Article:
44 (100.0)

163 (100.0)

207 (100.0)

χ2 (6) = 5.946; P = 0.43

Table 5 shows the anatomic site and type of injury received by the victims. Craniofacial region followed by the upper limbs were the most frequently injured sites.
Table 5

The site and type of injury in the studied victims of non-fatal interpersonal violence

Variable

Frequency

Percent

Anatomic site of injury

Cranio-facial

155

54.8%

Upper limb

72

25.4%

Trunk

28

9.9%

Lower limb

28

9.9%

Total

283

100.0%

Type of injury

Abrasion

36

14.4%

Contusion

29

11.6%

Dental loss

8

3.2%

Fracture

4

1.6%

Human bite

28

11.2%

Incision

16

6.4%

Laceration

80

32.0%

Ocular trauma

11

4.4%

Puncture or stab

38

15.2%

Total

250

100.0%

Discussion

The WHO World Report on Violence and Health 2002(Krug et al., 2002) proposed a classification of violence into three broad categories: self-directed violence, interpersonal violence and collective violence. Self-directed violence, the type of violence that a person inflicts on him or herself, includes suicide, self-abuse and self-mutilation. Interpersonal violence, on the other hand, is inflicted by one person or a small group of persons on another. It is subdivided into family and intimate partner violence, in which the perpetrator is a family member and community violence, which is violence between individuals who are unrelated, who may be friends, acquaintances or strangers. The third of the broad category, collective violence is defined as violence inflicted by organized groups, terrorist organizations and sovereign states in pursuit of social, religious, economic and political agenda (Krug et al., 2002). War between nations is included in this category of violence.

The pattern, consequences and manifestations of violence have been found to be different among populations, gender and age groups (WHO, 2014). The current research shows that males constitute majority of victims (53.7%; 126/220) and perpetrators (79.3%; 169/213) of interpersonal violence in Enugu, most notably adult males in second, third decade of life. This is similar to findings from many previous studies (Brennan et al. 2006; Eni et al.2009; Fothergill and Hashemi, 2008; Nkombua, 2007). However, the 57.3% proportion of male victims found in the present study falls short of the high figures of between 72 and 94% reported in these previous studies, which clearly show that males bear the brunt of interpersonal violence. The work by Okulate (2005) is unique in its finding of more female victims.

Risk factors for interpersonal violence have been organized into four ecological levels: individual factors, relationship factors, community factors and societal factors (Krug et al., 2002). The consensus presently is that no single factor explains why an individual becomes a victim or a perpetrator of violence. Rather, violence manifests as a result of complex interaction among factors in the four ecological levels (Krug et al., 2002). Explanation of sex differences in behavior and aggression and enquiry into why the male gender is a foremost risk factor for interpersonal violence, has been a subject of interest to social scientists (Wood et al. 2002; Archer, 2004). Authorities in Psychology have advanced theories and elaborated research evidence that highlight Sexual behavior, reproductive competition, neuro-hormonal factors, gender constructs and cultural expectations as underlying factors of sex difference in aggression and violence (Archer, 2004). In our society as in many others, the cultural expectation of the male role borders on machismo. The male is expected to “stand up and fight.”

In Enugu, interpersonal violence cases reported to the police authorities usually happened between two individuals. Sixty six percent (145/220) of the victims in this study were found to have been assailed by one person. This agrees with a report from UK, which noted that 62% of 24,660 cases of interpersonal violence were perpetrated by a single person attacker (Brennan et al., 2006). However, as a pointer to variable manifestations of violence in different populations, Okulate(2005) reported that community violence in Port-Harcourt involved a group of young persons, often strangers and mostly operating in gangs (Okulate, 2005).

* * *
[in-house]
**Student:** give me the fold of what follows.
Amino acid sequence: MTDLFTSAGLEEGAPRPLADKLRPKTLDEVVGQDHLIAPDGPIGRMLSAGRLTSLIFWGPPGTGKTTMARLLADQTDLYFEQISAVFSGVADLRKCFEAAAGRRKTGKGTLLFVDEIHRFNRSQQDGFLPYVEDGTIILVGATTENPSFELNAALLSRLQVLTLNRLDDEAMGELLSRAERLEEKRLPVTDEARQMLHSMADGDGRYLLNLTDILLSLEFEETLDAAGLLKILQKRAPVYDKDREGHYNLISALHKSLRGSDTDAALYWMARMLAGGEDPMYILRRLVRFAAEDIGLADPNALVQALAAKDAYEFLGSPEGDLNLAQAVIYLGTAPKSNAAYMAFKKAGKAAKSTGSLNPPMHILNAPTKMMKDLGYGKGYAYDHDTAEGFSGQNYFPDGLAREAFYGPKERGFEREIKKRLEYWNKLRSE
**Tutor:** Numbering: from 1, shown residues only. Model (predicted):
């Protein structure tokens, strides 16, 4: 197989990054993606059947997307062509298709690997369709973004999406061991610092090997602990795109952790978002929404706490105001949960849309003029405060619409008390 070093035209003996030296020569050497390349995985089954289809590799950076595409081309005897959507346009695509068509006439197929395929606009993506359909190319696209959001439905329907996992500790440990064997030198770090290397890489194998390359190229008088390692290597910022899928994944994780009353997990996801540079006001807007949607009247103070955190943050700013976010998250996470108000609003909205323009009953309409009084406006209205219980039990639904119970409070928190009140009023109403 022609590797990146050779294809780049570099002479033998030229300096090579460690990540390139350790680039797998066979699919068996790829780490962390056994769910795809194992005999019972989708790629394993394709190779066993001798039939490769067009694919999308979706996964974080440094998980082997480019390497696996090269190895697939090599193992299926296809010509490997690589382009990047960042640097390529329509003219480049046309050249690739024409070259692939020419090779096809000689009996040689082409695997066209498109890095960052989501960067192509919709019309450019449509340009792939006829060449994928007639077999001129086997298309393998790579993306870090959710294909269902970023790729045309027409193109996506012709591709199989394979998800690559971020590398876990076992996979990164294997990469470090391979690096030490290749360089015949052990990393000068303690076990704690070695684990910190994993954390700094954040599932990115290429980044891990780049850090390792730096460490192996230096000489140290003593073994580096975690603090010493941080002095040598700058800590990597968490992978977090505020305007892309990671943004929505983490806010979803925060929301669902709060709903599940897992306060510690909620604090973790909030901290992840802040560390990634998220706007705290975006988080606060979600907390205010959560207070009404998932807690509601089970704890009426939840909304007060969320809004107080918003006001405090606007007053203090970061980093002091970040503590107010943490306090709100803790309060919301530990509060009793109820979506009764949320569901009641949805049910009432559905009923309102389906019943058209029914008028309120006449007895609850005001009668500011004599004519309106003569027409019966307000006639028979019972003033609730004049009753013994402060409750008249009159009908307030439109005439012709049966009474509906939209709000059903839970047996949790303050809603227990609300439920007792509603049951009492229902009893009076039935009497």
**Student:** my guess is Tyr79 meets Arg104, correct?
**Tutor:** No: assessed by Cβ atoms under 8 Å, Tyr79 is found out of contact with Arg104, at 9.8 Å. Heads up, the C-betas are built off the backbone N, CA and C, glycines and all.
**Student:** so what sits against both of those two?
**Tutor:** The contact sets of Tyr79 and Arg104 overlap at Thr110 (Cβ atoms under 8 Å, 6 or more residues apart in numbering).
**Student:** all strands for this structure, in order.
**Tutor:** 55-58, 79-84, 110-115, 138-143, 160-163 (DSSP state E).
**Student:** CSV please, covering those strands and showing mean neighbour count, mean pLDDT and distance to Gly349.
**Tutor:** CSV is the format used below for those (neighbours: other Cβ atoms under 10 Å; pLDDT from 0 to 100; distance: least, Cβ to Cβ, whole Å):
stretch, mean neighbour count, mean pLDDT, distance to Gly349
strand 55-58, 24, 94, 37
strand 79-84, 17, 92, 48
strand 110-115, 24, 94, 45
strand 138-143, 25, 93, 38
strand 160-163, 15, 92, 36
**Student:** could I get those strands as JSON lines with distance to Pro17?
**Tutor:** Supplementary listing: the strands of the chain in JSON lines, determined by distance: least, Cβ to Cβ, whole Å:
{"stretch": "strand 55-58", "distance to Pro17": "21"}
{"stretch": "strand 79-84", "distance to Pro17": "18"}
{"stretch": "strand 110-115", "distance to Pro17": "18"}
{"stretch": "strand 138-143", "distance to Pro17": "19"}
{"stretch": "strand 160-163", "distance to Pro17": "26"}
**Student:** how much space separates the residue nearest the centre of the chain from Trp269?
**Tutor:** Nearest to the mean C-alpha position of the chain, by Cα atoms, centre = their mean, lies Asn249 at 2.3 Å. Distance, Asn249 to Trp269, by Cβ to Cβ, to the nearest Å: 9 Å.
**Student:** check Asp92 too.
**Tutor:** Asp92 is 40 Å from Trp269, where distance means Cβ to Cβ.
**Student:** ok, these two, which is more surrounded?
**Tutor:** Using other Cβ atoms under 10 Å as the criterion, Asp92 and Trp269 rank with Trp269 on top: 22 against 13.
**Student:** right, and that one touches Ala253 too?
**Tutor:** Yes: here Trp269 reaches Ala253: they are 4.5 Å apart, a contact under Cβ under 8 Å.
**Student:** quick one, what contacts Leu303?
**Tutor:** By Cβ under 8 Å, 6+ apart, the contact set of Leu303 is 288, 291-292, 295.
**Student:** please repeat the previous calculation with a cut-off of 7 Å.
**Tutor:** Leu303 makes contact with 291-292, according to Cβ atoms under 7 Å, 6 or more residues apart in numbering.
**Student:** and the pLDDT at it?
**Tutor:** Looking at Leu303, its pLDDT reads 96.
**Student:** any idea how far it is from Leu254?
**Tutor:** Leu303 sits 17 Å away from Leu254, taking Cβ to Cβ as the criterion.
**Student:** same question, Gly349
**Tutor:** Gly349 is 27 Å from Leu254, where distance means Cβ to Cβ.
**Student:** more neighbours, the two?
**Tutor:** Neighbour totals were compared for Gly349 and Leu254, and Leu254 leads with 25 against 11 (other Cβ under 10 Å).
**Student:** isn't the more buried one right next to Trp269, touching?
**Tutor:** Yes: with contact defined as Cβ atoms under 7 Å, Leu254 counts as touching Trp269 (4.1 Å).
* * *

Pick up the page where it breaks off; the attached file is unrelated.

The distribution of cases and the settings in which interpersonal violence occurred as found in this study are quite instructive. Conflict in residential quarters accounted for the highest number(36.8%) of cases of interpersonal violence followed by disagreement during work- or business-related transactions (31.8%).This pattern highlights a yet to be reported promoter of interpersonal violence in Nigerian cities—inadequate housing. Even though housing had been identified as a risk factor for interpersonal violence (Krug et al., 2002; Rosenberg et al. 2006), it seems the precise way in which it contributes to violence varies with respect to categories of violence and populations of people. For instance, Michael Yonas et al. (2007) identified vacant housing together with lack of employment opportunities, paucity of local businesses, inadequate trash management and poor street lighting as neighborhood level factors which promote youth violence in some areas of Baltimore city. In their study, vacant and dilapidated housing in the neighborhood was identified as clandestine rendezvous for illicit drug use and free space for stashing and selling of guns, thus fueling youth and street violence in the communities in question (Yonas et al., 2007). Street violence constituted a minor proportion of cases seen in the present study and housing as a contributing factor to violence does so in the context of inadequacy and concomitant overcrowding. Housing deficits in Nigerian cities as a result of rapid urbanization has long been documented (Abiodun, 1976). More recently, the World Bank estimates Nigeria has a housing shortfall of 17million units (Parby et al.2015).The large mass of people who throng the urban cities in search of employment live mostly in rented apartments in which multiple households are accommodated in one dwelling or compound. In this housing arrangement, unrelated families and individuals are compelled to share housing facilities and appurtenances. Our study shows that interpersonal conflict often arose in this setting sometimes over matters as trivial as use of clothesline. It seems the prevailing tenement system in our urban city creates the milieu for a good number of reported cases of interpersonal violence and so eradication of this form of interpersonal violence would require provision of adequate housing.